9. Prof. Spain’s article Collaborative Law: A Critical Reflection on Whether a Collaborative Orientation Can Be Ethically Incorporated into the Practice of Law is cited in § 5:2(c)(4)of the July update to the Iowa Practice Series, 16 IAPRAC § 5:2(c)(4) (July 2020 Update).
10. Prof. Chiapinelli’s article How Delaware’s Corporate Law Monopoly was Nearly Destroyed, is cited in the following article: Victoria Barnes, What Were Shareholder Rights in the Wake of the American Revolution?, 19 Fla. St. U. Bus. Rev. 131 (2020).
11. Prof. Rosen’s article Funding “Non-Traditional” Military Operations: The Alluring Myth of a Presidential Power of the Purse, is cited in the following article: Zachary Blair, Gubernatorial Impoundment: An Implied Solution for a Budgeting Challenge, 53 Colum. J.L. & Soc. Probs. 579 (2020).
12. Prof. Chiapinelli’s article The Myth of Director Consent: After Shaffer, Beyond Nicastro, is cited in the following article: Aaron D. Simowitz, Jurisdiction as Dialogue, 52 N.Y.U. J. Int’l L. & Pol. 485 (2020).
13. Prof. Rosen’s article Funding “Non-Traditional” Military Operations: The Alluring Myth of a Presidential Power of the Purse, is cited in the following article: Daisy Contreras, The End of “Sanctuary Cities” or The End of Separation of Powers?: An Analysis of the Executive Branch’s Misuse of the Spending Power to Crack Down on Sanctuary Cities, 52 Tex. Tech L. Rev. 847 (2020).
14. Prof. Huffman’s essay A Short Comparison of Military Leadership with Law School Leadership—More Similarities than Differences? is cited in the following speech: Lieutenant General Charles N. Pede, Remarks on Being a Good Lawyer, 52 Tex. Tech L. Rev. 837 (2020).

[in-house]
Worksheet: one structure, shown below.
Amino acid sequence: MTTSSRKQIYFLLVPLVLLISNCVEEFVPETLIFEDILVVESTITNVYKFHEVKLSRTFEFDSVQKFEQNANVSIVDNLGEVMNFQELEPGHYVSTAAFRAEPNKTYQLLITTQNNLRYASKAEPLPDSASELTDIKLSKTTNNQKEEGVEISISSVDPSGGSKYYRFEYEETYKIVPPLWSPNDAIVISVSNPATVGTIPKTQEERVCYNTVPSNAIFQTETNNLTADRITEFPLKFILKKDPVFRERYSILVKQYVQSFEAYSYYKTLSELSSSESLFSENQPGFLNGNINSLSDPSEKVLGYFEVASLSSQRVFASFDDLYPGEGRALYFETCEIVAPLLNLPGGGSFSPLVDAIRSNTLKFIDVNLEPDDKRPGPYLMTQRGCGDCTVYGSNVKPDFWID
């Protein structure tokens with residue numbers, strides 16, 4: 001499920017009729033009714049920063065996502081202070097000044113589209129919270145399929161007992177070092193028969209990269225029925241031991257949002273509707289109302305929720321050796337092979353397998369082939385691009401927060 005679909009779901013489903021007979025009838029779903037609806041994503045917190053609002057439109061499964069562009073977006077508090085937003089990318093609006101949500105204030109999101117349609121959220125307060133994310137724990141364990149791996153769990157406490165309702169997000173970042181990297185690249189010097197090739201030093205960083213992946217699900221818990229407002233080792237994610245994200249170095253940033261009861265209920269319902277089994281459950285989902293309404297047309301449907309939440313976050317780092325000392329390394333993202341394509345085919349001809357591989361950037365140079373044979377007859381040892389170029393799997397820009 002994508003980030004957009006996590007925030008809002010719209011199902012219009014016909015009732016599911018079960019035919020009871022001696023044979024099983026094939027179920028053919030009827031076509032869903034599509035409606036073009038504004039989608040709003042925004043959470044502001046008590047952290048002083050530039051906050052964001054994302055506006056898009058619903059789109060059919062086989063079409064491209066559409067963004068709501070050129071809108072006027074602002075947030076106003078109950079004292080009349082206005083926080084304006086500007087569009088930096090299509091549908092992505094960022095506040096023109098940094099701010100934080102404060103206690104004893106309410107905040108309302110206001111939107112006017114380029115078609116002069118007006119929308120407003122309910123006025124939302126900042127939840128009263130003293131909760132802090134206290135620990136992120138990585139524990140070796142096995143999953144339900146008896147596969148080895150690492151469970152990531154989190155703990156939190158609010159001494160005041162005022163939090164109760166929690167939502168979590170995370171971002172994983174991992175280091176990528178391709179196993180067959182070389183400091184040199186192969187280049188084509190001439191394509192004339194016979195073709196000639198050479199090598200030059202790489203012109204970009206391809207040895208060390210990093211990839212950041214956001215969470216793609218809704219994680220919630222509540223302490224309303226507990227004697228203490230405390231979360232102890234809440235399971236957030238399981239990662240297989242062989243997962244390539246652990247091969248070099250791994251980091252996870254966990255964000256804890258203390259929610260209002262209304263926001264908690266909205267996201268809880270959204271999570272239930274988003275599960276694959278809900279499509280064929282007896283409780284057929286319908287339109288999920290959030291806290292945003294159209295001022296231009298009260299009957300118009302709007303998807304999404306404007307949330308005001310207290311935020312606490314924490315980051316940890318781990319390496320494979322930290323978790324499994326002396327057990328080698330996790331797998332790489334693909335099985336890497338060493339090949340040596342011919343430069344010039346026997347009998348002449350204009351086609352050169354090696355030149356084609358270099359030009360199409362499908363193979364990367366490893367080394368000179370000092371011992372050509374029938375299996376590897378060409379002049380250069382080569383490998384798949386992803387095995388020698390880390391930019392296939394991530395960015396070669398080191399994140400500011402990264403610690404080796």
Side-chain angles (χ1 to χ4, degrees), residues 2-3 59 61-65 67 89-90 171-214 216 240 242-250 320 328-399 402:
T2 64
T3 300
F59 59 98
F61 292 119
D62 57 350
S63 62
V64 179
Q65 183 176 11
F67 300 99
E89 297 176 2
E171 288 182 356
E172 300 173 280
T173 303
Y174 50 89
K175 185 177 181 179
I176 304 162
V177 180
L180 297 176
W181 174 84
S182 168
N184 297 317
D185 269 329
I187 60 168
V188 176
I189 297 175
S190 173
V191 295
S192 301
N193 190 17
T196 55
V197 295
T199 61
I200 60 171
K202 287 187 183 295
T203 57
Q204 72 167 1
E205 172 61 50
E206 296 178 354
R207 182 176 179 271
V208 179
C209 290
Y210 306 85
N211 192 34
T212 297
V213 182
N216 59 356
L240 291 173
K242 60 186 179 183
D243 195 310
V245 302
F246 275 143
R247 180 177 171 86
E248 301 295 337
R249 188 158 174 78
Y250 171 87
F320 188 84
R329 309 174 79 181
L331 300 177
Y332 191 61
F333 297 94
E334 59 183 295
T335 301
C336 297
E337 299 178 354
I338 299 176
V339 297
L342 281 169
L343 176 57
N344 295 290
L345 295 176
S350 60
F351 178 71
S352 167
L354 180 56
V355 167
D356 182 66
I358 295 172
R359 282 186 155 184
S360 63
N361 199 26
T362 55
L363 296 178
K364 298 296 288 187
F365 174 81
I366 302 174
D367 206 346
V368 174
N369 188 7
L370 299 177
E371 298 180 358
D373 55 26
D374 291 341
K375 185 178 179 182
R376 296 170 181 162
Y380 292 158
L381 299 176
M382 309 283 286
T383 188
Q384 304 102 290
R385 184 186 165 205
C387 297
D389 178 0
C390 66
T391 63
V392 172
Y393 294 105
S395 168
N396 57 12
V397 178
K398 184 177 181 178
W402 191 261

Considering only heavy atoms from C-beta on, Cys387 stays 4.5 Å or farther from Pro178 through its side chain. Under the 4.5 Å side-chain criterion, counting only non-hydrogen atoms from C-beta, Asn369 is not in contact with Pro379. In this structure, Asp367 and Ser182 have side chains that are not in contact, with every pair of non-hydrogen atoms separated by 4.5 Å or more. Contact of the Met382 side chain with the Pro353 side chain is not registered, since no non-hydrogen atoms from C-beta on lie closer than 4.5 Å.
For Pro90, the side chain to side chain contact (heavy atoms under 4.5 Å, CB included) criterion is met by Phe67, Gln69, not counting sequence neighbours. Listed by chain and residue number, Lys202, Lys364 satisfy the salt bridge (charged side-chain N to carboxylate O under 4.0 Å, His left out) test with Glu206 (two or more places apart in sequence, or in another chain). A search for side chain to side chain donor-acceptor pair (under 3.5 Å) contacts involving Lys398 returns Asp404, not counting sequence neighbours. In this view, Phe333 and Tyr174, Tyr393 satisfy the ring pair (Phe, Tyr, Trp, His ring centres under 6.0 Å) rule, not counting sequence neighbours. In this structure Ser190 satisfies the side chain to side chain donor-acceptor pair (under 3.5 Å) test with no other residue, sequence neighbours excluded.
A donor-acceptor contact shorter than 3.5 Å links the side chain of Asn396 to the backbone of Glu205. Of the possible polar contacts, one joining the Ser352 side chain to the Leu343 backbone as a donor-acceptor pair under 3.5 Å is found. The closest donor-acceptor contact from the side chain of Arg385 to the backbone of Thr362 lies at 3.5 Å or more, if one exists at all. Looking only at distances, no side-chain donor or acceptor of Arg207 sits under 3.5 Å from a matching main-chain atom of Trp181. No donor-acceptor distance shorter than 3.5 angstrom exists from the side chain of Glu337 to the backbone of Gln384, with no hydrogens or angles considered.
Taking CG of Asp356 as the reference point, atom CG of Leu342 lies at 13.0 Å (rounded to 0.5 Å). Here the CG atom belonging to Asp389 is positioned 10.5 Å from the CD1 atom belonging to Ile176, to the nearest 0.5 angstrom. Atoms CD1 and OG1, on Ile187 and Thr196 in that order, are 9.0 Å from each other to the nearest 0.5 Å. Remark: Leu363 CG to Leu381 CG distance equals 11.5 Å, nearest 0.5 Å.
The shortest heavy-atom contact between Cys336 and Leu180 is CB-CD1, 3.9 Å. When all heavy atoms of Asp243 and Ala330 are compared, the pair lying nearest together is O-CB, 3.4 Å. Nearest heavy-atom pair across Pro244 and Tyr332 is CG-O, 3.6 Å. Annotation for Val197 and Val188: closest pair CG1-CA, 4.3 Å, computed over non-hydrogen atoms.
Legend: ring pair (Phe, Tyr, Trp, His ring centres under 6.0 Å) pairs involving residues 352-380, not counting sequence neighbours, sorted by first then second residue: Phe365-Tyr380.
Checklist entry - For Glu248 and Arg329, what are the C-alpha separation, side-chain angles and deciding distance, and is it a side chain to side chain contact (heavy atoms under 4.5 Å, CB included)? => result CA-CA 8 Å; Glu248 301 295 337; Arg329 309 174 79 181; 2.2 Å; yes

15. Prof. Casto’s book The Supreme Court in the Early Republic: The Chief Justiceships of John Jay and Oliver Ellsworth is cited in the following article: Brian K. Leonard, Where Do We Go From Here: Obsolescence or Resurgence: An Analysis of the Continued Viability of the U.S. Supreme Court in Contemporary America, 12 Elon L. Rev. 362 (2020).
16. Prof. Brie Sherwin’s The Upside Down: A New Reality for Science at the EPA and its Impact on Environmental Justice is cited in the July 2020 update to Rodgers Environmental Law Second Edition Chapter 34, The Honest and Open New EPA Science Treatment Act of 2017 and the Attacks on Science: The Designed Destruction of the U.S. EPA, ENVIRLAW § 34:8 (2020).
17. Prof. Brie Sherwin’s article Chocolate, Coca-Cola, and Fracturing Fluid: A Story of Unfettered Secrecy, Toxicology, and The Resulting Public Health Implications of Natural Gas Development is cited in §31:6 of William H. Rogers Jr.’s Environmental Law, Second Edition (2020 Update).
18. Prof. Watts’ article A Confused Sea: Vicarious Liability for Punitive Damages under Maritime Law is cited in §5:10 of Thomas Schoenbaum’s Admiralty and Maritime Law (2020 Update).
1. Prof. Gerry W. Beyer’s posting on his Wills, Trusts, & Estates Prof Blog entitled Netflix sued over ‘Enola Holmes’ movie for copyright infringement by Sir Arthur Conan Doyle estate was named to the Top 10 on Texas Bar Today for the week of July 6, 2020. Prof. Beyer gives recognition to his assistant, Trevor Shoels, for his assistance in drafting this posting.
2. The United States Bankruptcy Court for the Southern District of Texas in In re Whitcomb, No. 17-31692, 2020 WL 3272731 (June 17, 2020), relied on Prof. Beyer’s research to explain how Texas law is designed to protect homesteads, citing 39 Aloysius A. Leopold & Gerry W. Beyer, Marital Property and Homesteads § 27.11 (2019).